Another object of the invention to provide a method and circuit for power circuit protection which reduces the number of galvanic isolators needed for detecting and controlling power devices.
A further object of the invention is to realize a circuit and method which provides local protection for the high side power devices, and in which high side faults are latched when they are sensed on the low side power devices, to avoid the use of isolated sensing or feedback signals from the high side to the low side as is required by other methods of protection against faults on high side power devices.
A still further object of the invention is to provide a method and circuit for protection of semiconductor power devices which is cost effective and which increases efficiency due to the use of a single current sensor when a resistive sensing element is used.
The present invention arises from the recognition that prior art schemes sense the occurrence of faults, and thereafter feedback a signal reflecting the fault to a control circuit to cause shut down. A more efficient circuit can be obtained if the following two conditions are appreciated.
1. All of the aforementioned faults (except for the phase to earth from the positive bus to earth) can be sensed on the negative bus.
2. If the high side devices are turned off by local protection circuits, the occurrence of a phase to earth fault from the positive bus to earth transfers to the negative bus where it can be detected (due to the inductance in the fault current) through the diode connected in parallel across the low side power devices. In due course, after the low side power device turns on, the fault current transfers and manifests itself as a negative bus to earth fault condition, where it can be detected.
The aforementioned objectives and recognition have led to the present invention which uses a current sensor in the negative bus, and only desaturation detection and a local shut off scheme for the high side transistors. Feeding or coupling of signals between the high side and a control circuit is not required.
Thereby, in the event of either an over current fault, a phase to phase short circuit fault, or a phase to earth fault through the negative bus, the current sensor in the low side senses the fault current and communicates the same to a control circuit which produces control signals which turn off the gate signals to the power devices. During a phase to phase short circuit fault, desaturation detection shut down procedure on the high side is made to react at a speed that is slightly slower than the reaction speed of the current sensing shut down at the lower side. Therefore, the low side current sensing shut down comes into effect first, causing the FAULT pin to become active and latching the fault, thereby stopping all gate input signals. This allows the circuit to latch the fault condition and to cut off input signals to all devices.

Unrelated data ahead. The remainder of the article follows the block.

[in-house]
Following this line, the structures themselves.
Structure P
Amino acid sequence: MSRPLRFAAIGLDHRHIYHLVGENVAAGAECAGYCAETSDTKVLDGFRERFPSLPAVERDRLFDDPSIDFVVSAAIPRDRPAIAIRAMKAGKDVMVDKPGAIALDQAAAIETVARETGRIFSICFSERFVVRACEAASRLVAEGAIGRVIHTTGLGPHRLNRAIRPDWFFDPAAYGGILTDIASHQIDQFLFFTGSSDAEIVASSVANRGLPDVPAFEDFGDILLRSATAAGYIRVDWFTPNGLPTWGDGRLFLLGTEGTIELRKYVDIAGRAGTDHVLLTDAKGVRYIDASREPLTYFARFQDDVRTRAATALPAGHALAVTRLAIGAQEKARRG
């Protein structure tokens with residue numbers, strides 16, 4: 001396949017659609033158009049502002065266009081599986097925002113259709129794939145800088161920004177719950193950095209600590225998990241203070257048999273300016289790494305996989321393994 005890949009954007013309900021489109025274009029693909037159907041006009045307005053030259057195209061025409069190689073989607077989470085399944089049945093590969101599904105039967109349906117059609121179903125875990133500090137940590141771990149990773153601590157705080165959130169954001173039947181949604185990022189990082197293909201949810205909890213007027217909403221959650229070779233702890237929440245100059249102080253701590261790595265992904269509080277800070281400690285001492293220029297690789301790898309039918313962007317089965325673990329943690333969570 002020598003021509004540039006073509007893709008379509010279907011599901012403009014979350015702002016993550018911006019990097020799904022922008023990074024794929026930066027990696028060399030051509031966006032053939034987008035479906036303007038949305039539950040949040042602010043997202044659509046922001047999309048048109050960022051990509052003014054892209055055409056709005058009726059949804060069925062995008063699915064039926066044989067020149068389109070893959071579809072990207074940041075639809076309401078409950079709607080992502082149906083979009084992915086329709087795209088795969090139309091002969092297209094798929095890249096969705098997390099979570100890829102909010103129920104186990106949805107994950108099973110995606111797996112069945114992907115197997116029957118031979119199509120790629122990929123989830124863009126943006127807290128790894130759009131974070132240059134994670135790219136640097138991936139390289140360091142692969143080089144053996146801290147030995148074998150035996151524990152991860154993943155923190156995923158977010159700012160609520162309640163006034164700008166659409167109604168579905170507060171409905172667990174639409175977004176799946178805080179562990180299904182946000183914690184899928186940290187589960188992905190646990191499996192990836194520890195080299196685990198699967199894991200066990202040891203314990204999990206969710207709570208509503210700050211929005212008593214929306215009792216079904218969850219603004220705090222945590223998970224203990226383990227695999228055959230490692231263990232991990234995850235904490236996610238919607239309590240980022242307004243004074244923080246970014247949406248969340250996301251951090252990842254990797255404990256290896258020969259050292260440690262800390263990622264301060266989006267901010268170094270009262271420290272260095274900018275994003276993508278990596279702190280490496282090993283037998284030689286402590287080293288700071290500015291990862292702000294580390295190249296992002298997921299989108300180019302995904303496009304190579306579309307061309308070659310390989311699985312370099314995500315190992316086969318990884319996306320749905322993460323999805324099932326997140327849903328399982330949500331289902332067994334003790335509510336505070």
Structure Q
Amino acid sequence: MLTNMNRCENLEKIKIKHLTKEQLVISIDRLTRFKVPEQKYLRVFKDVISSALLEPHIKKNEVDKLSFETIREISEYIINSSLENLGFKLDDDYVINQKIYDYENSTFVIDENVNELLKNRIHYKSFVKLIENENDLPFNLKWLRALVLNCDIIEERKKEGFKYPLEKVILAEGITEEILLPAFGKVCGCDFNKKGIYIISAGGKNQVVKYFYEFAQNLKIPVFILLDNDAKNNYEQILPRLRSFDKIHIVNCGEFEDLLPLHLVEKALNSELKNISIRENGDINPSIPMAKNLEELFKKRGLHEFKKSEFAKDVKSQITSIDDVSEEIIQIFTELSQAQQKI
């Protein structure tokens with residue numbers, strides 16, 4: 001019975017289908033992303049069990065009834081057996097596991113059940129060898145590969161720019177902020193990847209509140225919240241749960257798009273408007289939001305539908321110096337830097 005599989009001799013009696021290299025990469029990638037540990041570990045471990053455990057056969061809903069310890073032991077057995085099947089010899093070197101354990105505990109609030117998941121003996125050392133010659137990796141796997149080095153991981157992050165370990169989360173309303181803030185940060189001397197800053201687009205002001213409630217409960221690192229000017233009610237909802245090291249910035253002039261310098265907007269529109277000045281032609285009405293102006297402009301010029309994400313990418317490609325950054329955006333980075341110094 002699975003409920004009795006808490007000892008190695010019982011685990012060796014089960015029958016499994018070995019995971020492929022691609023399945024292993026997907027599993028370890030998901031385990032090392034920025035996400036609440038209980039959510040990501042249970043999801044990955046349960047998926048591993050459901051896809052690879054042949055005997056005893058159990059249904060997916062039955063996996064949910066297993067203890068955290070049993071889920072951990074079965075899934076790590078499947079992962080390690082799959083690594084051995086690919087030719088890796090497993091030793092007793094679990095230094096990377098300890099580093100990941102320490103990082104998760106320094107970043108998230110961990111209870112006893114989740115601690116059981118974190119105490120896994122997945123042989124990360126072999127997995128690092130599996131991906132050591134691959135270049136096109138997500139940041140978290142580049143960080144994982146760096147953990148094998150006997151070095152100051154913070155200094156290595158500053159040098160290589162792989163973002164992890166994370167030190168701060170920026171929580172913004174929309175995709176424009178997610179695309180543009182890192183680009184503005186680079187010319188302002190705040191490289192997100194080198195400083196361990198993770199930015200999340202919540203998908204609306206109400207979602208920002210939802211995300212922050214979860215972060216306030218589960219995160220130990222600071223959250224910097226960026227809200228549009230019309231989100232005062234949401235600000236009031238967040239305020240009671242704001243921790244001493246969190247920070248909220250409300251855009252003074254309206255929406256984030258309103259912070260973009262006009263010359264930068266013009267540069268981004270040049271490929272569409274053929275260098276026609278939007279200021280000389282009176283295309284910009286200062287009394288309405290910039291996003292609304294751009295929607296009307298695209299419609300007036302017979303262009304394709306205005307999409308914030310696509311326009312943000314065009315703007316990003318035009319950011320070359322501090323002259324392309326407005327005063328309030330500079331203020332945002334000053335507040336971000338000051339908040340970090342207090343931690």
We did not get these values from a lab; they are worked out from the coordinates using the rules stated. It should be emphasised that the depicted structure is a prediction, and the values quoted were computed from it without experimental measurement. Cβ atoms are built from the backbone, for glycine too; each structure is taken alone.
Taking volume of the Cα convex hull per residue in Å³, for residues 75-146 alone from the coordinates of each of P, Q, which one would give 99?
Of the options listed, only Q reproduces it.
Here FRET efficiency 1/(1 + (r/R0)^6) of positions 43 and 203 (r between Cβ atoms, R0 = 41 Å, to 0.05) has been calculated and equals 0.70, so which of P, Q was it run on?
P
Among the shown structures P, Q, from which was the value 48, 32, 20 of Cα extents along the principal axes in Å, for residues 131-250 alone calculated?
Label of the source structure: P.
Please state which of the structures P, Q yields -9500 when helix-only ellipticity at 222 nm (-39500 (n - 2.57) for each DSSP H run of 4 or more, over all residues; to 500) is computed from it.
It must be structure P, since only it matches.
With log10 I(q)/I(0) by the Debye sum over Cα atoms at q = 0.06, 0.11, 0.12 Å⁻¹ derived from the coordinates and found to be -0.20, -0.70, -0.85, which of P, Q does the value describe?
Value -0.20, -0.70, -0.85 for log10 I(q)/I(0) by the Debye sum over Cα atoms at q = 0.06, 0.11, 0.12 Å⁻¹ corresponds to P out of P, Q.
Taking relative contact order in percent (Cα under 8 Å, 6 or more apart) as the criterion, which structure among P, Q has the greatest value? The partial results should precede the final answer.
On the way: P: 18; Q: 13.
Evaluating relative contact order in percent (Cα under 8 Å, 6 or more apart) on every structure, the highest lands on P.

In the event of a phase to earth short circuit fault through the positive bus, desaturation detection shut down of the high devices cuts off the drive signal for the particular IGBT device exhibiting high voltage, preventing the failure of the high side device on a cycle by cycle basis. Current then commutates to the low side diode due to inductance in the fault path. The direction of current is from negative bus to earth. If the inductance in the fault path is low enough, current may become zero before the low side transistors turn on. The current commutates from the low side diode to the low side transistor, flowing from earth to negative bus. The aforementioned current sensing circuit then becomes active as previously explained by either sensing the current flowing from the negative bus to earth to the low side diode or the current flowing from earth to the negative bus, depending upon the sensing method used.
In any event, the method of the present invention does not require any isolated fault signals and feedback to be coupled from the high side devices to a control circuit for effective operation of a protection circuit. Nonetheless, it should be recognized that if it is desired to include such isolation circuits for some reason, optocouplers or other isolated scheme can be added easily.
Other features and advantages of the present invention will become apparent from the following description of the invention which refers to the accompanying drawings.
FIGS. 1A, 1B and 1C show the same prior art inverter circuit, respectively illustrating a phase to phase short circuit fault, a phase to earth short circuit fault and a shoot through fault.